TAMPA — The Bucs have consistently stated their roster decisions are becoming increasingly difficult, which they hope means that the roster is richer in talent.
That was never more evident than Saturday when teams were required to reach the 53-man regular-season roster limit. The Bucs were having trouble choosing between certain players, so in some cases, they simply didn't choose.
Presumably unable to pick which defensive backs to cut, the Bucs kept a dozen, with five safeties and seven cornerbacks making the roster. Among them: cornerback and seventh-round pick Anthony Gaitor, veteran cornerback Elbert Mack and undrafted rookie safety Devin Holland, a prospect from McNeese State. Safety Ahmad Black, a fifth-round pick from Florida, was released.
The concept applied at defensive line, where the Bucs retained nine players, including third-string defensive end George Johnson.
"Toughest weekend of the job," coach Raheem Morris said. "This year it's particularly tougher than my first two (seasons). … As a head coach it doesn't get any easier. You look at these guys, you build relationships. It's a tough day."
While the Bucs went "heavy" at a few positions, they had a different approach at others.
They kept two of five tight ends, releasing rookie Daniel Hardy, Ryan Purvis and Nathan Overbay. That leaves Kellen Winslow and rookie Luke Stocker.
Linebacker is another thin position, with five making the final roster. Lawrence Simoni and Derren Smith were released. Smith is likely to join the practice squad, but the Bucs are scouring the wire and pool of free agents for a young veteran linebacker capable of playing in the middle. They will use Adam Hayward as a backup in the meantime.
As expected, the Bucs went with two quarterbacks, releasing third-stringer Rudy Carpenter and No. 4 Jonathan Crompton. Carpenter, who spent all of 2010 on the active roster, has been invited to join the practice squad after he clears waivers today, but he hasn't decided yet because of offers from other clubs, said his agent, Steve Feldman.
Black was among the most notable cuts. The Lakeland native spent most of the preseason recovering from a high ankle sprain, and the loss of offseason workouts because of the lockout was particularly damaging to his chances because the team had little time to see him in action.
The Bucs also released receiver Ed Gant, a prime candidate for the practice squad who starred in the final preseason game and impressed during a stint on the practice squad last season.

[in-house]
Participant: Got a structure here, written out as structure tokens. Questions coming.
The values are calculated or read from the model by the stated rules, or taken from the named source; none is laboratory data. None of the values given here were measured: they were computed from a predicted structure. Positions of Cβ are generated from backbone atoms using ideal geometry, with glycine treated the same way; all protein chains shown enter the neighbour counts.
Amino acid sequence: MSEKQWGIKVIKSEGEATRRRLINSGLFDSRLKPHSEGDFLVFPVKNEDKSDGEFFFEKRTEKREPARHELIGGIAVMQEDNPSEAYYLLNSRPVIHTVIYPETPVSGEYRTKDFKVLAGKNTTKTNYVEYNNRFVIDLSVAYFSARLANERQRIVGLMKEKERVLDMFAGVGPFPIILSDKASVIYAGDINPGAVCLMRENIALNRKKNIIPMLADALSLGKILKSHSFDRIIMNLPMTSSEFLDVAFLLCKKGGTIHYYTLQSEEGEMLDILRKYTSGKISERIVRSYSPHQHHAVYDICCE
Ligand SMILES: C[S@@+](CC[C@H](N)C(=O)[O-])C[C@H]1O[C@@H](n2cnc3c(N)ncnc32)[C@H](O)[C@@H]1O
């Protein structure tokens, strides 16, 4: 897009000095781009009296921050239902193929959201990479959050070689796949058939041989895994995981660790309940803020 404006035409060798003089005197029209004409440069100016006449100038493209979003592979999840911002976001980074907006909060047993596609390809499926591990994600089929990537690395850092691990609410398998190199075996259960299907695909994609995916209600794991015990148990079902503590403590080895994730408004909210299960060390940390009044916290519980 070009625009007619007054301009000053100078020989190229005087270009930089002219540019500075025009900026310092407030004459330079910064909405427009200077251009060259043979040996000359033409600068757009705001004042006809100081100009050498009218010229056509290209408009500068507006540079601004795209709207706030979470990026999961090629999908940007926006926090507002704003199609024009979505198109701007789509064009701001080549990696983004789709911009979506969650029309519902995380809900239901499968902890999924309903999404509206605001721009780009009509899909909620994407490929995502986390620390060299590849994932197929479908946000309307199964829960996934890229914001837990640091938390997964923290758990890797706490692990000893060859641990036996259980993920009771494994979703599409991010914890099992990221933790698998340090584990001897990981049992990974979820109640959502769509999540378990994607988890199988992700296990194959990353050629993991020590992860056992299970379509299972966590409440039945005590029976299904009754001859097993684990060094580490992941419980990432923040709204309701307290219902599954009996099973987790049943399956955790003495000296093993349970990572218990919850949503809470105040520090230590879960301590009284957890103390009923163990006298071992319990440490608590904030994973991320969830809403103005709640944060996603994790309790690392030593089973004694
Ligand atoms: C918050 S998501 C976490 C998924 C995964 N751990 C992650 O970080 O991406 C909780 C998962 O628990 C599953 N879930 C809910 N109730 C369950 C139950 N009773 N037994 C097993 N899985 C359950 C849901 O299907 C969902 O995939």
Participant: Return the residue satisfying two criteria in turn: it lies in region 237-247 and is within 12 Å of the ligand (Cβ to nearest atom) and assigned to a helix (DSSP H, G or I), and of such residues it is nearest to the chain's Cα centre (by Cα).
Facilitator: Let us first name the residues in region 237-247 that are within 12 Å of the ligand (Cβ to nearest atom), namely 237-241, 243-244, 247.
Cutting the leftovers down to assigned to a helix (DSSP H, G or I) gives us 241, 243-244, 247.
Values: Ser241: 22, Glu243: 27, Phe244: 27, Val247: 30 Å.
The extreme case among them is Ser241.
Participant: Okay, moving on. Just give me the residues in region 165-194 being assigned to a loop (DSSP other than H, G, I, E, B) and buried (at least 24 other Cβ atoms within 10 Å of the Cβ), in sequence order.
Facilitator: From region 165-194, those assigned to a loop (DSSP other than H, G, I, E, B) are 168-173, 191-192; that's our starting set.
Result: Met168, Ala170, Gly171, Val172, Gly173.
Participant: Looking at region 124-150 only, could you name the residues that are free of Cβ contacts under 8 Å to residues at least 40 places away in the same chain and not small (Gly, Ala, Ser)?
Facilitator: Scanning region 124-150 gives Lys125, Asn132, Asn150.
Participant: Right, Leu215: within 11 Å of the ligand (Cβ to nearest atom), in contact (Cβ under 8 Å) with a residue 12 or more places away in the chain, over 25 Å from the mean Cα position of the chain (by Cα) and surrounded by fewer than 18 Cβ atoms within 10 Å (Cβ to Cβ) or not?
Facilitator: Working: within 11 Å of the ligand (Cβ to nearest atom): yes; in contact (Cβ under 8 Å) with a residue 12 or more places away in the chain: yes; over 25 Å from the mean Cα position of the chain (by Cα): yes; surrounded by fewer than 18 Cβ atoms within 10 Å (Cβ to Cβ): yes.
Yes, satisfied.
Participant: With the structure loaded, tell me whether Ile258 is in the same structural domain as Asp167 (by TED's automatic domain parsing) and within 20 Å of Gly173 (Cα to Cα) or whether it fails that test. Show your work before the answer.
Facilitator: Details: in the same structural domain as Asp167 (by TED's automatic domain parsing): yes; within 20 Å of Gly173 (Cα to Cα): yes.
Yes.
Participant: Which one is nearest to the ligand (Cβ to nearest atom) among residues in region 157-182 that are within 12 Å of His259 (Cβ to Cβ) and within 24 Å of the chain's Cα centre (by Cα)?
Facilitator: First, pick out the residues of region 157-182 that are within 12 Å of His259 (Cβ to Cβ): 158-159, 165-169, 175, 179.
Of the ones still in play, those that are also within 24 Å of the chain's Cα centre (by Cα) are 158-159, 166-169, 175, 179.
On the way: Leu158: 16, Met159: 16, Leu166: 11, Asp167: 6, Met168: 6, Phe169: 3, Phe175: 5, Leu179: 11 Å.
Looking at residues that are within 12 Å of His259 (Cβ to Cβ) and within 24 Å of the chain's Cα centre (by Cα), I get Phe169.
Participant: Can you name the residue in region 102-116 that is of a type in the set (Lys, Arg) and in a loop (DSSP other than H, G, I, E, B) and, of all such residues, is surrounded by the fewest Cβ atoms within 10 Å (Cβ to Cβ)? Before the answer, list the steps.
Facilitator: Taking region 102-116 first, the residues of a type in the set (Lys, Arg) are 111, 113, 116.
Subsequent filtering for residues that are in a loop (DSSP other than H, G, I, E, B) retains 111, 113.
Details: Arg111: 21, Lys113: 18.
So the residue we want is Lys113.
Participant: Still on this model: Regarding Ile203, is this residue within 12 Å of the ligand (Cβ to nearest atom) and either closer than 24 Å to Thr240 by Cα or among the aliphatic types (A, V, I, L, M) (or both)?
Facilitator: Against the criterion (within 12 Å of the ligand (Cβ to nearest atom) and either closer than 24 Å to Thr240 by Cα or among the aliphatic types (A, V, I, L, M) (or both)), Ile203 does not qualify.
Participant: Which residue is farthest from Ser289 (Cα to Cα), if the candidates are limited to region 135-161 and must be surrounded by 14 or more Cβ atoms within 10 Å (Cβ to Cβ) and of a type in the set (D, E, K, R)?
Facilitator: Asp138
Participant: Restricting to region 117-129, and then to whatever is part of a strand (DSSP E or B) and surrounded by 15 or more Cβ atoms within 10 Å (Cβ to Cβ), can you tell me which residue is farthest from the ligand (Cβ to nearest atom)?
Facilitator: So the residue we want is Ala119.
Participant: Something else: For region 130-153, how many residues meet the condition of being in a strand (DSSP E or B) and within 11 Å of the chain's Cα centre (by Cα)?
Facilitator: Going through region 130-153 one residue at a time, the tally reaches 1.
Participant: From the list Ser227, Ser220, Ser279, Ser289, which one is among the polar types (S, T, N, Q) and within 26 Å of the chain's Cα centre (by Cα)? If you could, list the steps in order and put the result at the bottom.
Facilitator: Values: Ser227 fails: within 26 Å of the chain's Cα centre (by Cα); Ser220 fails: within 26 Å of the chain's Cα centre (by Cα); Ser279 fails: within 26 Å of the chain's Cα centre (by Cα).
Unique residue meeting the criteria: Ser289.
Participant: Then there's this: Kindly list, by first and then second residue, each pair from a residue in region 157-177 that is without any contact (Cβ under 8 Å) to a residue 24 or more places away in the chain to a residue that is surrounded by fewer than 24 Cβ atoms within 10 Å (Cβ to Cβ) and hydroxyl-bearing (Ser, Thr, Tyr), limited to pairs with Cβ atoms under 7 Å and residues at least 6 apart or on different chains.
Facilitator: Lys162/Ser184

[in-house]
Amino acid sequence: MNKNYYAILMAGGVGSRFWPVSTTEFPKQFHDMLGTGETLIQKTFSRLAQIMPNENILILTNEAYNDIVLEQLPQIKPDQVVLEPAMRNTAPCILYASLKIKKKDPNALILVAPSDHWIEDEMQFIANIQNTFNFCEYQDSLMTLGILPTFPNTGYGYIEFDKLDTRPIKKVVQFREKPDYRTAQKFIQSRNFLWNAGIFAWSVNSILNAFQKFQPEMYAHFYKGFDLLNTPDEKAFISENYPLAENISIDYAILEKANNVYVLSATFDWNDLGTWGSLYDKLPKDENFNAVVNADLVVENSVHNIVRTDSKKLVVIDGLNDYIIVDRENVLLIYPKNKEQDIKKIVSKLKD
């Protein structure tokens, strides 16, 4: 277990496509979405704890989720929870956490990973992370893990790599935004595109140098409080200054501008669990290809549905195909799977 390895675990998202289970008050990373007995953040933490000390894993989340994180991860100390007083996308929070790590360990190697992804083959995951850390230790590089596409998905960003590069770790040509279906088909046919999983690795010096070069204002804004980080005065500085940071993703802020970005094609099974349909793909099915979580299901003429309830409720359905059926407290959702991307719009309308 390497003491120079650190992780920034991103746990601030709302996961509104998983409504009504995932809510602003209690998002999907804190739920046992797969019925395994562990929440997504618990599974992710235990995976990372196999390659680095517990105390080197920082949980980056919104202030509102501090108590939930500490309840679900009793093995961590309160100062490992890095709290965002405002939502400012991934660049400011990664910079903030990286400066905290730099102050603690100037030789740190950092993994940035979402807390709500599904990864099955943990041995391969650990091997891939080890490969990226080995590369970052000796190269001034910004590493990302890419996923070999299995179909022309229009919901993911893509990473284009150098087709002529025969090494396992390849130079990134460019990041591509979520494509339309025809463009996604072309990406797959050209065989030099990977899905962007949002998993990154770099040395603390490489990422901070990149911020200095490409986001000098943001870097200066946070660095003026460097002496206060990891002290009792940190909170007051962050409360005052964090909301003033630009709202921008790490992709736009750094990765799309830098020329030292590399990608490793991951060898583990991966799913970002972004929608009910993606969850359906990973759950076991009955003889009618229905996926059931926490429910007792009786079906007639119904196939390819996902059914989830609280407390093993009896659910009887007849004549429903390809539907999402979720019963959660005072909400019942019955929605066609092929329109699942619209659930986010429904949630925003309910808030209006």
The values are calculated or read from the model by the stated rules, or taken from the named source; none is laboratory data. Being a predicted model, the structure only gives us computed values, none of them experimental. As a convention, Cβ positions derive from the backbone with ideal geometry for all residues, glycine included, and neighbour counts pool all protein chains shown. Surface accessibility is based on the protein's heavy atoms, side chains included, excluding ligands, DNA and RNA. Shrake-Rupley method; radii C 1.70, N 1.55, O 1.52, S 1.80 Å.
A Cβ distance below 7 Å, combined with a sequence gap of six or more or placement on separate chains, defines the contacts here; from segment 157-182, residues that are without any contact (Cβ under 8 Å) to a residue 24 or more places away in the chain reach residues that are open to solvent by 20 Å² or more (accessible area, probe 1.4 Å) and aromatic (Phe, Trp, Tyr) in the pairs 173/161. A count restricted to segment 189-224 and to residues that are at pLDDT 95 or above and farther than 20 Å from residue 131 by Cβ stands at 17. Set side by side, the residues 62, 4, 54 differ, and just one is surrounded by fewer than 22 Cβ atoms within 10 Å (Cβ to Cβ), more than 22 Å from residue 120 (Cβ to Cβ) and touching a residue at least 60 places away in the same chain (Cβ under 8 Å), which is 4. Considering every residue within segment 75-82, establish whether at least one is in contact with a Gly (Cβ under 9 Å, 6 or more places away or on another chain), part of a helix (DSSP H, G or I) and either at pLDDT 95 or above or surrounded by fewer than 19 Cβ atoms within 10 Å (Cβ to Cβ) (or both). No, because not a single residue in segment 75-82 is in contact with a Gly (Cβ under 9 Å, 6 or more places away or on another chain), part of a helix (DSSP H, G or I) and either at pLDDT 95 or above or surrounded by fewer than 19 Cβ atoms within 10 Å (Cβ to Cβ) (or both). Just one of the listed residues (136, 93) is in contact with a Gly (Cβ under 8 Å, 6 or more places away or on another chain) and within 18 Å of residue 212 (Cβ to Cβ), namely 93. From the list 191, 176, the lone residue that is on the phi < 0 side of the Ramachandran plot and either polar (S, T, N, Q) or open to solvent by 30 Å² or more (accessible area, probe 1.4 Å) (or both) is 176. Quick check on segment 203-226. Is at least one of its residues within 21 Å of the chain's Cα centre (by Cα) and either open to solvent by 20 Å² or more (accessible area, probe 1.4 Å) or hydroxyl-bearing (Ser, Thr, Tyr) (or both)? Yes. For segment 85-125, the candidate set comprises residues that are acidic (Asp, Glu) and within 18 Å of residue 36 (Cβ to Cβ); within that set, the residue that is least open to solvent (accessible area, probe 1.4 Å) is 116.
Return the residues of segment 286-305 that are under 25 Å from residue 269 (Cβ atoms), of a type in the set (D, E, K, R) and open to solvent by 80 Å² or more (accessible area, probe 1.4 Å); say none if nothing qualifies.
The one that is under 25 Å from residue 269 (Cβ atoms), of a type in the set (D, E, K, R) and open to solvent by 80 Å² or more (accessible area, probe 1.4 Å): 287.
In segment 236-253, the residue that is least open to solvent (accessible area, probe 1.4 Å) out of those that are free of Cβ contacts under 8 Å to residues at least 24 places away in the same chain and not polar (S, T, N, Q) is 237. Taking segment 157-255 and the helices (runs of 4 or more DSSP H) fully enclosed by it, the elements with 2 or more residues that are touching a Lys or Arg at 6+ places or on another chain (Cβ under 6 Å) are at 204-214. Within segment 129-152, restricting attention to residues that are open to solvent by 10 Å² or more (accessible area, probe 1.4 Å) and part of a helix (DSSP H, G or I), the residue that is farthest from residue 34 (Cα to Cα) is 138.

Meanwhile, Johnson is the sort of player the Bucs like to develop. Undrafted out of Rutgers last season, he was little more than a training camp body before making an impression that landed him on the practice squad. Johnson went on to have a solid training camp, then notched three sacks through three preseason games, leading the league.
"Maybe it's something they see in me, that they can get more out of me," he said Saturday. "I don't know, but I did everything they wanted me to do in the preseason and, sometimes, even more."
Holland was an unknown through most of the preseason but showed relentlessness. He was fined twice in the preseason, including once for an illegal hit that knocked out Patriots running back Danny Woodhead.
"I go 100 percent," Holland said. "I just came here with one thing on my mind: Do whatever it takes to make the team."
On Friday, the Bucs informed veterans Kyle Moore, linebacker Tyrone McKenzie and John McCargo that each would be released, a move that gave each a chance to hit the open market before players released Saturday. There was no word on whether any of the three had found new teams.
One thing that's clear is the roster under Morris and general manager Mark Dominik is a work in progress.
"I've been cut before," said cornerback D.J. Johnson, a surprise survivor of the cuts. "I've even been cut in the middle of the season. You never know. All you can do is, when you're on the field, try to take care of you and hope things work out."